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Unlike other guides, which provide isolated individual photographs or illustrations, this book features large, lifelike scenes for each species. These scenes - 680 in all - are each composed of 12-20 color images showing the bird in a wide range of views, both near and far, from different angles, in various plumages and behaviors, including flight, and in the habitat in which they live.
These compositions show how a bird's appearance changes with distance, and give equal emphasis to characteristics experts use to identify birds: size, structure and shape, behavior, probability and color. These images are reinforced with concise text and provide a wealth of detailed visual information that invites and rewards careful study. However, the most important identification features can be grasped instantly by anyone, whether a beginner, expert, or anywhere in between.
Preface 5 Quick Key to Species 6 Introduction 22 How to Use This Book 22 How to Be a Better Birder 25 Species Accounts Waterbirds 36 Swimming Waterbirds 36 Flying Waterbirds 98 Walking Waterbirds 144 Landbirds Upland Gamebirds 219 Raptors 231 Miscellaneous Larger Landbirds 269 Aerial Landbirds 315 Songbirds 332 Acknowledgments 517 Index 518 Shorthand (Alpha Codes) 518 Scientific Names 522 Common Names 526
Richard Crossley is an internationally acclaimed birder and photographer who has been birding since age 7 and who, by age 21, had hitchhiked more than 100,000 miles chasing birds across his native Britain and Europe. His love of the outdoors and his interest in teaching, design, and technology have shaped his unique vision for the future of birding and bird books. He is excited by the prospect of using new technologies to bring "reality birding" to a wide audience through many different media. He is a spokesperson for Nikon Sports Optics and coauthor of "The Shorebird Guide", and lives with his wife and two daughters in Cape May, New Jersey.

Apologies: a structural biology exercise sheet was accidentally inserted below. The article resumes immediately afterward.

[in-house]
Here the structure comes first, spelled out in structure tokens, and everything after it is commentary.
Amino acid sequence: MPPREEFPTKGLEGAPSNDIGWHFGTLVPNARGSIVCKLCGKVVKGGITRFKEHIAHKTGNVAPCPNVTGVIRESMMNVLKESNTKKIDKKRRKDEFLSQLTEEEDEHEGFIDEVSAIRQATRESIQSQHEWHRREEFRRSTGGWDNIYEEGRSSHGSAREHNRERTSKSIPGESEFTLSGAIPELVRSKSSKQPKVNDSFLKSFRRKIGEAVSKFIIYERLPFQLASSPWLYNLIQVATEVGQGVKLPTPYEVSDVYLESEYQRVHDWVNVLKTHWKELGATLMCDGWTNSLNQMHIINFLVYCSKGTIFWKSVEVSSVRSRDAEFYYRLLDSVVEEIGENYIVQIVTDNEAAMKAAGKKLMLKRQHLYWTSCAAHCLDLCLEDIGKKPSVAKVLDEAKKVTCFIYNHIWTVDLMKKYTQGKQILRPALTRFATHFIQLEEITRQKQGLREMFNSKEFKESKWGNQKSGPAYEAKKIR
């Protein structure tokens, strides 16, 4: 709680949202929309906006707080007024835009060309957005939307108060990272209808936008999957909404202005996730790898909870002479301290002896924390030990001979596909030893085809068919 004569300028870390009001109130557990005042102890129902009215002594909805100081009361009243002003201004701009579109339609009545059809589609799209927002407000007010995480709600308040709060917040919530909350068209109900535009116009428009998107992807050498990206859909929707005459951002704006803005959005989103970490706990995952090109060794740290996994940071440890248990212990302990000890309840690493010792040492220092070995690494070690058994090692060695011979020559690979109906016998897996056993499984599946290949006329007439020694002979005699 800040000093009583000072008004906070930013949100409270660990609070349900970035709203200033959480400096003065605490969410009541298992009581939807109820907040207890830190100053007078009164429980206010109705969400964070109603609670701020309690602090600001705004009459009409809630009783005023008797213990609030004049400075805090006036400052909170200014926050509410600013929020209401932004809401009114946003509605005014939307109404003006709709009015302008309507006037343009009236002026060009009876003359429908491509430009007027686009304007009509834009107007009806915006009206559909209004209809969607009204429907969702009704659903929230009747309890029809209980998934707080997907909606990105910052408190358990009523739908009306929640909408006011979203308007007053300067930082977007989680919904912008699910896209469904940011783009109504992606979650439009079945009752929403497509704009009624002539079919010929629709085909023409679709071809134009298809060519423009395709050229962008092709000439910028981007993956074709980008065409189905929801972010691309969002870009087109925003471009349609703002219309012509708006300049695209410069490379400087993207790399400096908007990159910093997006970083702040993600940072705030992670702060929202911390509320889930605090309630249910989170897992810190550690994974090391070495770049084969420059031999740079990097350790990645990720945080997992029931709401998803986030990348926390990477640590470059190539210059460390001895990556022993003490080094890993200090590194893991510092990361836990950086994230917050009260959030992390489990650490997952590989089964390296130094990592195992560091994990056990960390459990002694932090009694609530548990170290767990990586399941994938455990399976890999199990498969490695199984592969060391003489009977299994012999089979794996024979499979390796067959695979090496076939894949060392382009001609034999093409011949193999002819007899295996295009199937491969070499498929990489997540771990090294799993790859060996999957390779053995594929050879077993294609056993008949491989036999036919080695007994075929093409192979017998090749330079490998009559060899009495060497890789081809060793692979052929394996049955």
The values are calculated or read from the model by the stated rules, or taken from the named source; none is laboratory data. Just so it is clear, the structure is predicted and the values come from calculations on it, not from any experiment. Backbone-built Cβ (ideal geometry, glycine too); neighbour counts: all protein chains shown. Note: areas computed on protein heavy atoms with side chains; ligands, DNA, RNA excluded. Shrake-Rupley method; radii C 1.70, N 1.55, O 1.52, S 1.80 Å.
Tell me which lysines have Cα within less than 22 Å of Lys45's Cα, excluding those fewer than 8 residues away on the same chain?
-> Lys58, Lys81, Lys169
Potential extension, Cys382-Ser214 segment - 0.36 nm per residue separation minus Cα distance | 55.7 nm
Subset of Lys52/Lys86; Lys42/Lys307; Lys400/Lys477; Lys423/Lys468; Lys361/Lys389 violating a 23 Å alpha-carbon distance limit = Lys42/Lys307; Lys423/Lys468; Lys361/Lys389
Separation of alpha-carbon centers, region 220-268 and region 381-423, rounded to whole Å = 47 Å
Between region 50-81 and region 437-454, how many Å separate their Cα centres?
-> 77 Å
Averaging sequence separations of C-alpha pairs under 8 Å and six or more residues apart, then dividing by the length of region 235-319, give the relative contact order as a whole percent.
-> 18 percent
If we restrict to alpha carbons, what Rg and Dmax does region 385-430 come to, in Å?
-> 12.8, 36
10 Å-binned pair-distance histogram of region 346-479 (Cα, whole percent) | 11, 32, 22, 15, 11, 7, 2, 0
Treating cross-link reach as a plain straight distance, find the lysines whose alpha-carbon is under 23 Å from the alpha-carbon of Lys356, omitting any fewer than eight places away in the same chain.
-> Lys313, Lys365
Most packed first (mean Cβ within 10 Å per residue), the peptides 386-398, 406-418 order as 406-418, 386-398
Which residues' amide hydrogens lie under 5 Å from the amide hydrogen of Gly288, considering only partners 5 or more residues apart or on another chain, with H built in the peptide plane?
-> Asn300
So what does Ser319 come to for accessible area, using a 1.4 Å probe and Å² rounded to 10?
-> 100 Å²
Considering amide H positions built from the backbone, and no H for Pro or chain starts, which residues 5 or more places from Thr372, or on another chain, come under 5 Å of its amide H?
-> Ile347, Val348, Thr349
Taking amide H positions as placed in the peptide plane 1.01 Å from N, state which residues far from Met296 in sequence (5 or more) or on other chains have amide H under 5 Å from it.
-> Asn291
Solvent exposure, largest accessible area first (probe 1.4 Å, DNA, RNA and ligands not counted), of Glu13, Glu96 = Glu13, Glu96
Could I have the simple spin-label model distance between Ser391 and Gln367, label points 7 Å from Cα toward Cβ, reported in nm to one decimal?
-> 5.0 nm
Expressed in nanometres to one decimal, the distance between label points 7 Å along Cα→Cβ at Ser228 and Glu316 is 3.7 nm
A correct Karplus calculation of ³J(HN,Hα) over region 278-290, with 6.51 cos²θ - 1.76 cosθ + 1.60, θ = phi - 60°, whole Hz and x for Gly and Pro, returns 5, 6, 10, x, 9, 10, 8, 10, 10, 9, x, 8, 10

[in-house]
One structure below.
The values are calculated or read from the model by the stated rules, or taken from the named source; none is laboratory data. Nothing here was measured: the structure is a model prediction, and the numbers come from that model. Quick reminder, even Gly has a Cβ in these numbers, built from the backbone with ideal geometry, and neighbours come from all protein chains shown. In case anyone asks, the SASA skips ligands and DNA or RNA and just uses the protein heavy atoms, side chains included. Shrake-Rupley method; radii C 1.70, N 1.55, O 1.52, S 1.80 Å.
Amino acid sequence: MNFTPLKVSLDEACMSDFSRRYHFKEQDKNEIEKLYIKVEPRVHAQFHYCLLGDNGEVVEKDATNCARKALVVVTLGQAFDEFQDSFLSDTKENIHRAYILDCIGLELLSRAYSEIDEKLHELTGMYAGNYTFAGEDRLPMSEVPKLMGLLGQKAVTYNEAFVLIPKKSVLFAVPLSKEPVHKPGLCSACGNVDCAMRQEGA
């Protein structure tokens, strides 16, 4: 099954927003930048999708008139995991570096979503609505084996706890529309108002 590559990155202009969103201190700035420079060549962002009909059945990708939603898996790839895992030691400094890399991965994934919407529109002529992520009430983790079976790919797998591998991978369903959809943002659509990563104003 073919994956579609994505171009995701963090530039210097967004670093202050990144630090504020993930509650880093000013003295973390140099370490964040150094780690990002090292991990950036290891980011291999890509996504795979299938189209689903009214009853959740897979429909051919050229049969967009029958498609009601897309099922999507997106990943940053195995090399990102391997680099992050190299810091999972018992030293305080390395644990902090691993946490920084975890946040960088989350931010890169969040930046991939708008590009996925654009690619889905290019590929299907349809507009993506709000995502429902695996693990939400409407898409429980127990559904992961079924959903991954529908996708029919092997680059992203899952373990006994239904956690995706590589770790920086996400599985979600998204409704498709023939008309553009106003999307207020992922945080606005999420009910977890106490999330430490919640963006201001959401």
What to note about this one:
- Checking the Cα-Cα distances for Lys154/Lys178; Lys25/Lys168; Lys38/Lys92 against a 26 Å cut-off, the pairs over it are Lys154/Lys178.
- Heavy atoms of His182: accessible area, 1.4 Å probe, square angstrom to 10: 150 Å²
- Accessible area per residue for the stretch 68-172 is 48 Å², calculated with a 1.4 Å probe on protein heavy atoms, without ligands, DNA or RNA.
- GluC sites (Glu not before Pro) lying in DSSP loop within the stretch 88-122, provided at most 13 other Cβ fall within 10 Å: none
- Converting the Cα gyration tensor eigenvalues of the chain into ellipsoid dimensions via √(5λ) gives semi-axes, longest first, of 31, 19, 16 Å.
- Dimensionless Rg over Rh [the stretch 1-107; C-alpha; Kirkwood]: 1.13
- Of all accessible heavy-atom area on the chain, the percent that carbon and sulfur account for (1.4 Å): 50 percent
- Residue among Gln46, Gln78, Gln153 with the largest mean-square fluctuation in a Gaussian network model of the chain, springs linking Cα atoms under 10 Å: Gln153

"[...] The author said in the introduction "a picture says 1000 words", promoting the quick mental snapshot of an image versus reading and memorizing information. However, quickly interpreting a picture or a view of a bird in the field comes with experience - and frustration. The newer birder often does not know what in the photo may demand extra attention; what things must be compared; how to read relative sizes and shapes; etc. The beginner won't have the experiential knowledge needed to free him from the text and to rely on only the photos. Having just said that, any birder will still greatly enjoy this book so long as he knows what is and is not in this book."
- Avian Review, 16-02-2011
"[...] The amount of work that went into The Crossley ID Guide: Eastern Birds is staggering. It contains 640 scenes, composed from more than 10,000 photographs (nearly all taken by Crossley himself!), that present the birds of eastern North America in a unique and lifelike manner. I don’t know if it will revolutionize field guides; probably not, though, if for no other reason than I don’t know if anyone other than Crossley could produce a guide like this (I’m only half joking). Still, the Crossley guide has become my go-to source for learning birds, and it is simply a pleasure to browse through. I highly recommend it."
- Grant McCreary (18-08-2011, read the full review at The Birder's Library